Updated: 12/07/2013 05:27 | By Agence France-Presse

WTO pact in doubt after Latin America objections

Negotiations on a global trade deal teetered on the brink of collapse Saturday as Latin American countries objected to the removal of a reference to the US embargo on Cuba, the WTO said.


WTO pact in doubt after Latin America objections

World Trade Organization (WTO) spokeman Keith Rockwell speaks to journalists in a press briefing during the 9th WTO Ministerial Conference in Nusa Dua on December 6, 2013

New World Trade Organization chief Roberto Azevedo of Brazil is pushing commerce ministers to agree on a set of measures at a conference on the Indonesian island of Bali.

He has said success in Bali was vital to ensuring the WTO's credibility as an effective multilateral body at a time when alternative regional trade alliances threatened its relevance.

Hopes were raised late Friday as it appeared agreement was near on a text that includes commitments to facilitate trade by simplifying customs procedures.

But Cuba, Bolivia, Venezuela and Nicaragua dashed those hopes as marathon negotiations dragged into the early hours of Saturday, when they rejected the text.

"We need to continue our consultations and find a way to overcome this problem," WTO spokesman Keith Rockwell told reporters.

The four countries "were unhappy with the removal of the reference to the embargo, it was a very political statement, which expressed certain ideological elements," Rockwell said.

The content of that removed clause was not immediately clear. 

The WTO later said it was suspending talks for several hours, to resume at 0200 GMT (10am local time) on Saturday.

The package under consideration is relatively modest compared to the WTO's broad vision of tearing down trade barriers around the world.

But it would nevertheless mark the first global deal struck by the body since its 1995 founding, and some economists have said it would give a $1 trillion jolt to the world economy.

The meeting opened Tuesday amid stark warnings from ministers that the Geneva-based WTO's credibility as the arbiter of global trade negotiations would be severely wounded if it could not deliver on even the limited Bali deal.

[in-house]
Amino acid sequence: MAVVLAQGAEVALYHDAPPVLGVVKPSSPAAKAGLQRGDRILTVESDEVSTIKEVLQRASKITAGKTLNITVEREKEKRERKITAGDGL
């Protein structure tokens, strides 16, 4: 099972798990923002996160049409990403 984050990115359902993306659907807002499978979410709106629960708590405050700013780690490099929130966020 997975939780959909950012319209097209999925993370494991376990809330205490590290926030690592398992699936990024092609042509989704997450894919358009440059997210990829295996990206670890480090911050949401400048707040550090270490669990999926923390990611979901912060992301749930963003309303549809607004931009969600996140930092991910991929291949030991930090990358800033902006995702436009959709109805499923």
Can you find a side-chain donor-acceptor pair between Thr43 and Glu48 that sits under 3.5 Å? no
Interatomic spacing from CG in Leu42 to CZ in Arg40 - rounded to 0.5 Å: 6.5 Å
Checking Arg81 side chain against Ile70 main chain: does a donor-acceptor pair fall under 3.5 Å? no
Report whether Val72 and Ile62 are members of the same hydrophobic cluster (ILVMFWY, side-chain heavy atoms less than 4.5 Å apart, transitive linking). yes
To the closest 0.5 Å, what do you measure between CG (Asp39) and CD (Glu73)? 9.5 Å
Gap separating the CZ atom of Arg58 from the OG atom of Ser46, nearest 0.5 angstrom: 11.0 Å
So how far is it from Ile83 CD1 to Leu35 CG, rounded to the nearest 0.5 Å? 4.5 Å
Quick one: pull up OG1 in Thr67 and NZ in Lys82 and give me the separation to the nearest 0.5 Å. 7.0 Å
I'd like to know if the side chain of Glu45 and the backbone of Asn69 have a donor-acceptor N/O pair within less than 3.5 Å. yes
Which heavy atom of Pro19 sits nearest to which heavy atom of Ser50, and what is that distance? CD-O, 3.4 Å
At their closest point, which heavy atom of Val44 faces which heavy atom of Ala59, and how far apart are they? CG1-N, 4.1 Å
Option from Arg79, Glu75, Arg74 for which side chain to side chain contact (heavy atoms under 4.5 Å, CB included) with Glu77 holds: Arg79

Initial drama surrounding the package focused on a divide between India and a number of trading nations including the United States.

India -- which aims to stockpile and subsidise grain for its millions of poor -- had demanded that such measures be granted indefinite exemption from any WTO challenge.

But critics said India's grain policy violated WTO rules on subsidies and expressed fear the grain could enter markets, skewing world prices.

Compromise wording appeared to leave the exemption period open-ended while committing nations to ensuring stockpiles would not affect the markets of other countries.

Indian Commerce and Industry Minister Anand Sharma welcomed the revision as a "historic decision".

Azevedo has framed a successful deal as a possible springboard for reviving the WTO's larger agenda of freeing up trade through the Doha Round of talks launched in Qatar in 2001.

Those talks aim to slash trade barriers and establish globally binding rules fair to both rich and poor countries.

But protectionist disputes among the WTO's 159 members have foiled agreement.

The Bali package involves a commitment to limit agricultural subsidies, simplify customs procedures to facilitate trade, and policies to aid least-developed countries.

Azevedo has said that without the shot in the arm that such an agreement would bring, the WTO risks being eclipsed by alternative regional pacts emerging between major trading nations.

These include the 12-country Trans-Pacific Partnership (TPP) spearheaded by Washington. TPP negotiators will meet in Singapore this weekend as they work to hammer out a deal. 

Azevedo, who took over in September, said such pacts cannot protect the interests of the developing world's masses of poor -- a key WTO mission.

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